Masters workouts are developed and coached by Logan Franks, David Hershman and Kevin Lane. Coaches remain on the deck while workouts are being conducted and will adjust swimmers techniques in order to improve their stroke. Swimmers of all levels are welcome as participants are divided according to the pace at which they swim. New participants must be able to swim 400 yards straight in order to participate in the workouts.
A typical master’s workout includes the warm-up, the main set and the cool-down. A sufficient warm-up is essential and a relaxing cool-down will help to fight fatigue and sore muscles. A typical workout lasts for an hour or more. The main part of most workouts consists of sets of varying distances. Repetitions divide each set into manageable parts, such as “5 x 100,” which means that you swim 100 yards (the length of a football field), stop to rest, and then repeat that distance four more times, for a total of five repetitions.
In addition to sets, you may be asked to complete skill drills that challenge you to think about body position, parts of each stroke, and other essentials of swimming. For example, your coach may ask you to swim with your fists clenched, to draw attention to the importance of high elbow and unbroken wrist line.
As a new swimmer, or someone returning after a long absence, you must be prepared for a challenge—especially to your lungs. Breathe often! Do not try to impress yourself or others by holding your breath, or your workout will be over very soon. Swim smart and build up your endurance over time. It can take six months before you can make the workouts as written—even for skilled athletes who have endurance in other sports—swimming is different. Give yourself plenty of time, enjoy your new friends, and communicate any concerns to your coach.
WAC welcomes Kevin Lane as our new Assistant Masters Swim Coach. Kevin is the Assistant Coach of California Lutheran University Men’s and Women’s Swim Team. In addition to coaching at CLU, Kevin is a USMS (US Masters) Certified Level 2 Coach. Growing up in Connecticut, Kevin swam through his teen years on the club and YMCA level. Kevin helped set many Connecticut State relay records and competed at the YMCA National Championships. He represented Connecticut Swimming as an all star team member where he traveled and competed against other all star teams. Moving on to Southern Connecticut State University, a top ten NCAA Division II School, he competed at the NCAA National Championships and set school records in the in the 200 fly and in relays. In his senior year he was elected captain of his team.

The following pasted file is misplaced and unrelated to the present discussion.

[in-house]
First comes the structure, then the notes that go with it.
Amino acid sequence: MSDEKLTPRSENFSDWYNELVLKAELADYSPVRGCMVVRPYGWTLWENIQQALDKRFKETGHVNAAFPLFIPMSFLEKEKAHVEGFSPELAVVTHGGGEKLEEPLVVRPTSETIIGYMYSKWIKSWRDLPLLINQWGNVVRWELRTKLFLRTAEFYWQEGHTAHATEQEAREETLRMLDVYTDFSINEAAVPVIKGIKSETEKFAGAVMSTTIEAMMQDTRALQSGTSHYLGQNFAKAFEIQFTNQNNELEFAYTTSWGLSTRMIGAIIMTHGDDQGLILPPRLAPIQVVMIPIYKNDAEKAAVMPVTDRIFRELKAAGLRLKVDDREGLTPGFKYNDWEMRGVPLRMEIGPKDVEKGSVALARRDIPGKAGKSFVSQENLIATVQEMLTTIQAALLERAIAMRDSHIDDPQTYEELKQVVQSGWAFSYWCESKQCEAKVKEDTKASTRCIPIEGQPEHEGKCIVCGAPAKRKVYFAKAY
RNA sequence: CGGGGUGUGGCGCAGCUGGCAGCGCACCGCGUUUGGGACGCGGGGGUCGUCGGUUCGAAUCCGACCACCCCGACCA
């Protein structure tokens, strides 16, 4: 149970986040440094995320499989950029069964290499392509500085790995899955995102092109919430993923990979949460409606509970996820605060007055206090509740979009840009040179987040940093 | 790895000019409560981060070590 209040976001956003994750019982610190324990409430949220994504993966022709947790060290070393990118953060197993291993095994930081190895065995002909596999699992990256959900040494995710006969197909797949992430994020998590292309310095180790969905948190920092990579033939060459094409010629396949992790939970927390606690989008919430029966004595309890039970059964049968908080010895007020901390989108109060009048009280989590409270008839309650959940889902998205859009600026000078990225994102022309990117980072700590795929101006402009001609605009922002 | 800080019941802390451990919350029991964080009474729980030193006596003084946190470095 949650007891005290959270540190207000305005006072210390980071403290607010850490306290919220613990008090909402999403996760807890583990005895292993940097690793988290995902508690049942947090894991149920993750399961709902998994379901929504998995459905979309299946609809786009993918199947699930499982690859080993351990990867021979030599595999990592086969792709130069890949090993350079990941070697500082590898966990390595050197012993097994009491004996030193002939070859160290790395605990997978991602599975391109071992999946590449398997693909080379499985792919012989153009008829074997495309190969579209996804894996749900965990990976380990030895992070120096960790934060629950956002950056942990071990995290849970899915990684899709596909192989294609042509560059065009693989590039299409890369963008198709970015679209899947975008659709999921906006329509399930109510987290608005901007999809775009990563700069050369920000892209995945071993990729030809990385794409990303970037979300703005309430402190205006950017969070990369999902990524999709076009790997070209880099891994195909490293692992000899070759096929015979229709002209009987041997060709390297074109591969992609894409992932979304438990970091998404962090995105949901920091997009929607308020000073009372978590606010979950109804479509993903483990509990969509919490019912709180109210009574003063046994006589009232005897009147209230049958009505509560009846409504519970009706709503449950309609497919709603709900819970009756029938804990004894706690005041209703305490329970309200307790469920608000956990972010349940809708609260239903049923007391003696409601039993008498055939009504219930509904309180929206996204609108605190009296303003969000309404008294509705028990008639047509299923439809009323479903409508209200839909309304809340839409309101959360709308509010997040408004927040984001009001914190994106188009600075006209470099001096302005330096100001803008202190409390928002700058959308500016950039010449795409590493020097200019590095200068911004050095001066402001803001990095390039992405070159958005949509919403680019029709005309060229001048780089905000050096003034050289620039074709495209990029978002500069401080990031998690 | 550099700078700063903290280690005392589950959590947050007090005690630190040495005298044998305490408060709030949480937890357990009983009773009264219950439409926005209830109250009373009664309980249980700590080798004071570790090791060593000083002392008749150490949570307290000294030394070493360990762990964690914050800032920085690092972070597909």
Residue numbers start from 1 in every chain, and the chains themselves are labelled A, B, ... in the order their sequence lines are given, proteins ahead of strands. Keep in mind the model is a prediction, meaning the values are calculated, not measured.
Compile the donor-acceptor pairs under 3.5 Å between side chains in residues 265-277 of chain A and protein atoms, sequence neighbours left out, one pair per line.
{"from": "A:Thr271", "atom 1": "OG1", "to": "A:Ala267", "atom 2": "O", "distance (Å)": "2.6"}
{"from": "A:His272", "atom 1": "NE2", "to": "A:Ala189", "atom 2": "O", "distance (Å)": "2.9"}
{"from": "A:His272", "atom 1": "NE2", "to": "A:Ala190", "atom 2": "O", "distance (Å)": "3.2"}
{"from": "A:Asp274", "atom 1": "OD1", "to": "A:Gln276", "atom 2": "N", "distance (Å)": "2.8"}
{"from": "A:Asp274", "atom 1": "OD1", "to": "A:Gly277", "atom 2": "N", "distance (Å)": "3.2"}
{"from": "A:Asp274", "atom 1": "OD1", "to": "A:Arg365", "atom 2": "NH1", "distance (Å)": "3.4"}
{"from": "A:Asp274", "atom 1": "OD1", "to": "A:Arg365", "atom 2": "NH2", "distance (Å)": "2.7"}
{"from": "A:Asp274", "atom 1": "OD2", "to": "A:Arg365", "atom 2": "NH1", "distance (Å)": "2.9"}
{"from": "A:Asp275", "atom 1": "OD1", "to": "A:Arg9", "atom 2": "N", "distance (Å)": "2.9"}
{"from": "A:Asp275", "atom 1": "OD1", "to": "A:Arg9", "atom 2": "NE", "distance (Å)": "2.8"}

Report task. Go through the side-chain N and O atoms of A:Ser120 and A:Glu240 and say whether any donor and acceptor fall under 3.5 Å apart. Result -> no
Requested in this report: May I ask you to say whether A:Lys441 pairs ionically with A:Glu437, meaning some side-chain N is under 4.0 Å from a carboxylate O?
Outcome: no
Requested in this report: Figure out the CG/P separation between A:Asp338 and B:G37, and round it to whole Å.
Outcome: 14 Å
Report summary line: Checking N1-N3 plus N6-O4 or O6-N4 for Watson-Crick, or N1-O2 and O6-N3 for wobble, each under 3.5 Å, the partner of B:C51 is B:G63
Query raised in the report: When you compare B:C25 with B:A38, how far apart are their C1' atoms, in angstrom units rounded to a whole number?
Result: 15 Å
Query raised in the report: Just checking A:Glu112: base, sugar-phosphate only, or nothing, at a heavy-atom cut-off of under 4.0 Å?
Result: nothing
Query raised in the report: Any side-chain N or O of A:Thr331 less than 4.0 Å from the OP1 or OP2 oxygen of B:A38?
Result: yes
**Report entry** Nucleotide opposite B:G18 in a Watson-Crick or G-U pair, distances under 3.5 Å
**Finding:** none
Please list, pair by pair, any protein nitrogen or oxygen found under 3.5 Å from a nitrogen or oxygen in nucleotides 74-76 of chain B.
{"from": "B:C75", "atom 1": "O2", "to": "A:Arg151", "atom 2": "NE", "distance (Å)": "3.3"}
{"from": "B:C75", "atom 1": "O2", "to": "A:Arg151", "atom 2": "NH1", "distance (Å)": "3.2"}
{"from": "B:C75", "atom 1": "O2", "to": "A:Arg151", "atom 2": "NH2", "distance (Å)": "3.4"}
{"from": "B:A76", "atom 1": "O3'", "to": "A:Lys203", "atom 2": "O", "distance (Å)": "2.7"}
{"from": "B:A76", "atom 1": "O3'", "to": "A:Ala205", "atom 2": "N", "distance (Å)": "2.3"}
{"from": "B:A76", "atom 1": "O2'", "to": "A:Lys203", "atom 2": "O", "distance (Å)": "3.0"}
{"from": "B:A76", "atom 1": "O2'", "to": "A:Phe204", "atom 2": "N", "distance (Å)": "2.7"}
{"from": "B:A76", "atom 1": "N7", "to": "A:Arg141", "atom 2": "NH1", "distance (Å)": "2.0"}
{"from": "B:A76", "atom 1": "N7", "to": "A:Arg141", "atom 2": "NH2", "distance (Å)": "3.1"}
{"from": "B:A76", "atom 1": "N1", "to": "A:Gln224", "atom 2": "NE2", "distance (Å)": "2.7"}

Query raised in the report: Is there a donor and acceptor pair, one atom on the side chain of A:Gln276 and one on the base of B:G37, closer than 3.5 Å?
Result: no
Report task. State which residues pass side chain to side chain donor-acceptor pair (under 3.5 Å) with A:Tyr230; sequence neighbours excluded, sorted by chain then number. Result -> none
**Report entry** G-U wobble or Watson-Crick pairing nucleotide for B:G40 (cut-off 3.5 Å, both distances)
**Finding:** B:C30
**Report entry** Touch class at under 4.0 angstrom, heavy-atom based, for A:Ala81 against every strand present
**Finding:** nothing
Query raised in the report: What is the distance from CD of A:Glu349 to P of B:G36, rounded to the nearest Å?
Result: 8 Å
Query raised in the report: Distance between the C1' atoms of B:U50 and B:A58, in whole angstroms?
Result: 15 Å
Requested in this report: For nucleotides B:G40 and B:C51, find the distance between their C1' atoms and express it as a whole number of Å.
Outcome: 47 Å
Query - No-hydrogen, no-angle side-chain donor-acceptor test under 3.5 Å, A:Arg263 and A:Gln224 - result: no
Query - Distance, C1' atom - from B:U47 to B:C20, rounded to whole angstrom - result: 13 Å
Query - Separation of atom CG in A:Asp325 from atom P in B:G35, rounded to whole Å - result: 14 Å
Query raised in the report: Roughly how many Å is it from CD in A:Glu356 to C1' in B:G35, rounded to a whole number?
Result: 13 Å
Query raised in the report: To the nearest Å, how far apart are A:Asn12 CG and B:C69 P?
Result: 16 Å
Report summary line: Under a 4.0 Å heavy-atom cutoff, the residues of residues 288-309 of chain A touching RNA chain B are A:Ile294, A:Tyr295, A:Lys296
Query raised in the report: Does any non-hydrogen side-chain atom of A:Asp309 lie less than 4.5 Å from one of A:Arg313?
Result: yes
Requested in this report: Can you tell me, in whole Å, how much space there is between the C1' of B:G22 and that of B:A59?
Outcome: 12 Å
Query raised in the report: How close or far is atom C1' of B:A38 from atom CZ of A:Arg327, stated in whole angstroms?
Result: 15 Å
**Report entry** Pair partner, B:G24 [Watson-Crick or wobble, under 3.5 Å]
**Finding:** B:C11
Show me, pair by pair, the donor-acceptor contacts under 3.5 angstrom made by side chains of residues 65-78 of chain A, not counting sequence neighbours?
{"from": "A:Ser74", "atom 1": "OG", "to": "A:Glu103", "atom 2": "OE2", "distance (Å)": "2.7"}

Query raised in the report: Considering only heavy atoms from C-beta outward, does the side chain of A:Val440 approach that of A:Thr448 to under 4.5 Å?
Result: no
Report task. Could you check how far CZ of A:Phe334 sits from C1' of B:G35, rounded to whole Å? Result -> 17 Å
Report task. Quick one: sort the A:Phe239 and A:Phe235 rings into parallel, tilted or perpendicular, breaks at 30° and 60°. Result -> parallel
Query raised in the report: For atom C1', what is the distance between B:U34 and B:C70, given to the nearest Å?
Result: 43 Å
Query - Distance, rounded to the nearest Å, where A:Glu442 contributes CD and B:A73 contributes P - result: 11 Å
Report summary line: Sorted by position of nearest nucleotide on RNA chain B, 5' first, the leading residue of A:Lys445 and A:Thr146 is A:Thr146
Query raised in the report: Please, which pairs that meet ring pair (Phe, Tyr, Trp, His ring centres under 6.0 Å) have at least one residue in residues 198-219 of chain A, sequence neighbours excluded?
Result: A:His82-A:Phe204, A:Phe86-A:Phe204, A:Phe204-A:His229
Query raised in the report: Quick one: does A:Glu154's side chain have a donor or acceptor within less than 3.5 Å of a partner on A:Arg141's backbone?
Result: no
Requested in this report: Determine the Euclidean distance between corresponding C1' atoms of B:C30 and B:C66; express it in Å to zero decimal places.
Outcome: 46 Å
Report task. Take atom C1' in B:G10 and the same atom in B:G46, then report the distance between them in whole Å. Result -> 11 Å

Logan Franks served 7 years in the Marine Corps infantry. During his enlistment, he raced on the Marine Corps Triathlon team. He was 1 of 6 Marines selected to represent the All Marine Triathlon Team at Armed Forces Triathlon Championships in 2011. Logan also competed as a professional triathlete with a primary focus on long course triathlon. In 2010 he was ranked 52nd in the world for Ironman and he posted the fasted American run split of the day at Ironman world championships, crossing the finish line in 9:02.
Logan was also collegiate runner for the university of Delhi, located in NY. Though he was a fast runner, his success in triathlon, was being hindered by his lack of swim knowledge and experience. Knowing this, Logan went to a number of swim clinics and trained under the guidance of some of the best triathlon and swim coaches in the United States. Logan soon became a front pack swimmer, often coming out of the water in the top 6 of the pro division for Ironman and 70.3 races.
In 2013, Logan shifted his focus to coaching and put his athletic career on hold. Logan currently owns a military focused triathlon team. He coaches prior service members and active duty military. He also coaches paratriathletes and other wounded vets hoping to compete in the Paralympics. Logan is a Level 2 Masters swim coach.
Masters Swim FAQ
Not sure if Masters Swim is right for you? Check out the FAQ below from U.S. Masters:
"Masters" sounds intimidating... is this really for me?
The word "Masters" was first applied to adults who participated in track and field, and was later adopted in organized adult swimming. In swimming, Masters simply means 18 and older.
Do I have to compete to be a Masters swimmer?
No. When organized adult swimming started to become popular in the 1960s, the intent was that adults would swim to stay in shape. But early organizers knew that some adults would want to compete, so it is offered. About 25% of the nearly 60,000 US Masters Swim members enter pool or open water competitions. The greater percentage of USMS members do not compete.
But I'm not fast enough or in shape enough to be a Masters swimmer?
This is something a lot of Masters Coaches hear. However, most Masters coaches and swimmers don’t care how fast you are. In nearly every program, there are others of similar ability, or those who started where you are and have improved. Don't let your percevied ability, or lack thereof, hold you back. Although it’s important to have a physical examination before starting any exercise routine, you don’t need to be in top shape to start Masters swimming - Masters swimming will help you get there!
I'm a triathlete - why should I join Masters Swimming?
Many triathletes, including the world-class Jarrod Shoemaker, Gwen Jorgensen and Sara McLarty, join USMS programs because training with swimmers is the best way to improve the swim portion of the tri. Masters coaches also provide technique instruction and interval training with a group.
Master Swim Schedule
Mon & Wed 12:00-1:00 pm
Mon & Wed 5:30-6:30 am
Tue & Thu 6:00-7:00 pm